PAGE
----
Policy for the Departments of Education and the Environment


A Missed Opportunity?

Education, training, and knowledge were key themes of the UKs first white paper: This Common Inheritance(1990).This ground-breaking strategy stressed that decisions on how to protect our environment would be determined on a “sound understanding of the underlying science, of the natural processes at work ,of the effects of humanity on the environment  and of the environment on human health and wellbeing.” To assess the need for environmental awareness and understanding in the workforce and how further and higher education institutions might respond, the Government(Department for Education-DFE) set up a high-profile expert committee on environmental education under the chairmanship of Professor Peter Toyne-Vice Chancellor of Liverpool University in October 1991. I served in this committee and most of its sub committees from its inception as the DFE advisor(Observer) as well as  drafting this as one of the key  priority outcomes of the Department for the Environment white paper. These were tremendously optimistic times for anyone who was deeply engaged and committed in seeking solutions to the existential threats of climate change, environmental pollution and increasingly our unsustainable lifestyles.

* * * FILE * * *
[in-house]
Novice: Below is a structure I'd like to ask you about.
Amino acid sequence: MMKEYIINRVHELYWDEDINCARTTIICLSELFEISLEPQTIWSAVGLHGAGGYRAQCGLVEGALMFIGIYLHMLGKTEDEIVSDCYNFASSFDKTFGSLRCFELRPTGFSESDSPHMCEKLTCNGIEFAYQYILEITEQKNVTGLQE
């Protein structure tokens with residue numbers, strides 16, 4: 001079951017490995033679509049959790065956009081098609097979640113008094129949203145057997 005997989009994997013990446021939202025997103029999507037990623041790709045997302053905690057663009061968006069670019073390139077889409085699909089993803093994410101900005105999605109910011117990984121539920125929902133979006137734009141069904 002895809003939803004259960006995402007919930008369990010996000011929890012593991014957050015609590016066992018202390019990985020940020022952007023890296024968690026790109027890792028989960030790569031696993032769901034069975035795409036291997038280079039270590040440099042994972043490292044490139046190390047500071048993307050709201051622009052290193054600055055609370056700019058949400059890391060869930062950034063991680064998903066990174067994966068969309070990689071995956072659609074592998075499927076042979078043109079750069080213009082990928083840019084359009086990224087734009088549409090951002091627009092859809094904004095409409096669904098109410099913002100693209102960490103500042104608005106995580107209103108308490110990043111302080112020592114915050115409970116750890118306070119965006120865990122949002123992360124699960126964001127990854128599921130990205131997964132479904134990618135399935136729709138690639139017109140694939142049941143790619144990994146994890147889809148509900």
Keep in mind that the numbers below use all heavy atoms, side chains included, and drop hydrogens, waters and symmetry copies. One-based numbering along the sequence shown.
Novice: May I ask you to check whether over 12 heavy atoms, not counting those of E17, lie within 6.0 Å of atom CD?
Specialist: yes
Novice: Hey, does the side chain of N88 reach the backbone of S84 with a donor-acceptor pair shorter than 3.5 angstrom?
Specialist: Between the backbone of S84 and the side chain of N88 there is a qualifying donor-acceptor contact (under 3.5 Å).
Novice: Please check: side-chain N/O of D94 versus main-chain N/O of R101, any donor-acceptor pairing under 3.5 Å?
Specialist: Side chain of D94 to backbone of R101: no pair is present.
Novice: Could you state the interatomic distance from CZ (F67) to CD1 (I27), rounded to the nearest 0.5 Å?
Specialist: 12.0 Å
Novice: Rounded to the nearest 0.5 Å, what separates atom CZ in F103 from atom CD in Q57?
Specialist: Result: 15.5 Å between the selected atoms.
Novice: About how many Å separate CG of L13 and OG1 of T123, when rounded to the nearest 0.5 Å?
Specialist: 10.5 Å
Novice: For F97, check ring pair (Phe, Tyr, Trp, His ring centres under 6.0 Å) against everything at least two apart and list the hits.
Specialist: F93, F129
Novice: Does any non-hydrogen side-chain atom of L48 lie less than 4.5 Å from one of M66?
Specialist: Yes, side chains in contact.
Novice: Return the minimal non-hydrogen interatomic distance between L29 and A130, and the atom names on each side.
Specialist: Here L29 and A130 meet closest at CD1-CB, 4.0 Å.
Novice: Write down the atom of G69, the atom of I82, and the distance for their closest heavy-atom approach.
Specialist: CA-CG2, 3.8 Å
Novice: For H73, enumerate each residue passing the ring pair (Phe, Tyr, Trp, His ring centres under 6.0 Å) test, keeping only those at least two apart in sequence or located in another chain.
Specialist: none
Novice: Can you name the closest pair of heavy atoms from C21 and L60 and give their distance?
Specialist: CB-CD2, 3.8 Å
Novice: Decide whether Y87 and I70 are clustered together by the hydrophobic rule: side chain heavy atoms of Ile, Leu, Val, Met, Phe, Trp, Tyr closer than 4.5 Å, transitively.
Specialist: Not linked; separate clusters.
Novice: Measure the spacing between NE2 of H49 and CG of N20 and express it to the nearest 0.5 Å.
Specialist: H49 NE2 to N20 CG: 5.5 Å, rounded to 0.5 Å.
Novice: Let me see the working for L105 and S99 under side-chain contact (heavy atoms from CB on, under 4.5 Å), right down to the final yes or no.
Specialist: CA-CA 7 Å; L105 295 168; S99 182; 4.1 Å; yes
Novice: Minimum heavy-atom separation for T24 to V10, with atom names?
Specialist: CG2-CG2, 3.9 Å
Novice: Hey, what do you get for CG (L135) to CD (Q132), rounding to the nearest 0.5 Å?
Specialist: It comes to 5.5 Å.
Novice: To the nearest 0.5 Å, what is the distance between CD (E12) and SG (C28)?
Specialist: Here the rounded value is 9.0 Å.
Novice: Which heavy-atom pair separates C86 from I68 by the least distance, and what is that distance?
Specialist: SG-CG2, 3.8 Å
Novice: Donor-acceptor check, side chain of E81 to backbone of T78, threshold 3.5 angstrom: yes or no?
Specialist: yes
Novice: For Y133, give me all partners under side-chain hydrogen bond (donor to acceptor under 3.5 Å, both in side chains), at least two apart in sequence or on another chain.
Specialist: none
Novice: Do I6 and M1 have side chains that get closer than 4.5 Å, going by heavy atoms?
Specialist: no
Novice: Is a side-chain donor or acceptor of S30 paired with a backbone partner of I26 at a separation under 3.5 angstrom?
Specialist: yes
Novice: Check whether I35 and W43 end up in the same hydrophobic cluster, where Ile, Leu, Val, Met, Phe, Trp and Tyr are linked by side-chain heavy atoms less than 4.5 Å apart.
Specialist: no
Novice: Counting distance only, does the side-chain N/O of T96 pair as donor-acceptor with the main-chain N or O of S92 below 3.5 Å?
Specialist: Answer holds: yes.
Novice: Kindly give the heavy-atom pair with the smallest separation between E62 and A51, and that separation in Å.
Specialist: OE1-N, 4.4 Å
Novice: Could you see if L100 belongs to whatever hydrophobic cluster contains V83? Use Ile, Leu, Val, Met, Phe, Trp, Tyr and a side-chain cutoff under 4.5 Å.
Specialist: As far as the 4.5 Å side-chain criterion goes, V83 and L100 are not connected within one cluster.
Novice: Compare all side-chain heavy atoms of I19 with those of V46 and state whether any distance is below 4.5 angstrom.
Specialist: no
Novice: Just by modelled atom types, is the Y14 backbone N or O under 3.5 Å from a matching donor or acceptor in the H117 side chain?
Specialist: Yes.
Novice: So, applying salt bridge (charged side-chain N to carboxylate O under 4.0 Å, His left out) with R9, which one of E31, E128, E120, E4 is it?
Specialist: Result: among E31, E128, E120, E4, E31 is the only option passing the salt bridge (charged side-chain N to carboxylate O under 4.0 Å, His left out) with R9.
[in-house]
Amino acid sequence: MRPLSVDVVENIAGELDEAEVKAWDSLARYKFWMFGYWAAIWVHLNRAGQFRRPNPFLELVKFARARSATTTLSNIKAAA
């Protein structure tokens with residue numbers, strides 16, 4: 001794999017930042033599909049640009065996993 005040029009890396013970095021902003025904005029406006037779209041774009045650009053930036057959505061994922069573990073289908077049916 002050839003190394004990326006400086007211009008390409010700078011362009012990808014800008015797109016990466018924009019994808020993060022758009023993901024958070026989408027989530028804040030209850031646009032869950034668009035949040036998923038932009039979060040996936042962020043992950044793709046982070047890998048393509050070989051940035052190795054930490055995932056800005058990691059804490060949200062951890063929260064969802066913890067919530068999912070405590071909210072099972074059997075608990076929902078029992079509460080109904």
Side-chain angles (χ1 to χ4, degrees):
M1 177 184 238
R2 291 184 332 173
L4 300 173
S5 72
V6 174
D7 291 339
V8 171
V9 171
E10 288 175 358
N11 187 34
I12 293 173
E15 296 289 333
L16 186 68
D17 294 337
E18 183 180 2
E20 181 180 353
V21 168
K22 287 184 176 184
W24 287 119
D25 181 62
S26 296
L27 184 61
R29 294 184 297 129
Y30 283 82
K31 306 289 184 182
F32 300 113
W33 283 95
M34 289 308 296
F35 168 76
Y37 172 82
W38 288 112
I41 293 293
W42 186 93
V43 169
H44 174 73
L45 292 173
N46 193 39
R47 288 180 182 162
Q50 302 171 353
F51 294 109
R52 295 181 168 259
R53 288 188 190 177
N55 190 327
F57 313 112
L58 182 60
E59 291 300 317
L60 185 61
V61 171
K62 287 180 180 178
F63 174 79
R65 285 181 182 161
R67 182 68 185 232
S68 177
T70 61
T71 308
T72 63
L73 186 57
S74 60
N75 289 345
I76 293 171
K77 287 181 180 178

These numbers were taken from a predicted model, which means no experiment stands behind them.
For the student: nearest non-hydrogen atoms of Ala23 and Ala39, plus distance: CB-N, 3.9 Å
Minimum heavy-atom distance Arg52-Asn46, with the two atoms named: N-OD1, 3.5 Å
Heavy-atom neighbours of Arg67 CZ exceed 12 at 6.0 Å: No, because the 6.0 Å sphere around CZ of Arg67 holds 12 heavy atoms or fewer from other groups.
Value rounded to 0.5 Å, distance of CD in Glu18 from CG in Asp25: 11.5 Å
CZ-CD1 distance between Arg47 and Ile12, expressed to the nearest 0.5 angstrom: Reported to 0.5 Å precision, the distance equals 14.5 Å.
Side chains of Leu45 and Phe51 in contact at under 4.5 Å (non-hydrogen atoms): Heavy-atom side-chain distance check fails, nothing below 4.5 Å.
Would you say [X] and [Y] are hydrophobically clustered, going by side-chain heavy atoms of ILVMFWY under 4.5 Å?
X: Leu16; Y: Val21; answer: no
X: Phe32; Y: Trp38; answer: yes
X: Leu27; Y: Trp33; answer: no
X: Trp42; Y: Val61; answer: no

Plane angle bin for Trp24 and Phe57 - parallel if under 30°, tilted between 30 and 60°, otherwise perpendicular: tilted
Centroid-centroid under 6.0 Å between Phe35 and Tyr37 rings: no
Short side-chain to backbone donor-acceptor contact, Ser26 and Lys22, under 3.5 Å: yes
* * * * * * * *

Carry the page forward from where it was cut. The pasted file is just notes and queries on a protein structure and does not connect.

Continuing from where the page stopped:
Perhaps, more than anything the publication of the so called Toyne report in 1993 initiated a flood of events and stimulated a whole new cadre of research and course developments in Further and Higher education- which to this day are playing a key role in how we meet the twin global challenges of climate change and loss of biodiversity.

The reports main finding were:

  • All institutions formally adopt a comprehensive environmental policy statement by 1994/5
  • All institutions to extend their involvement in environment-related updating courses for the workforce
  • All institutions explore the scope for staff secondment between industry and education
  • Funds for a national programme to support the development of teaching and learning materials to be made available
  • A national appraisal of progress in HE be undertaken no later than 1995/6

Regrettably, looking back over the past 28 years these massively important and prescient foundations- especially  now in the light of the UK hosting the forthcoming COP26 meeting-were never fully met nor widely adopted.

In August 1993 I published a short analysis of the Toyne Report in the Integrated Environmental Management newsletter, which can be found here.

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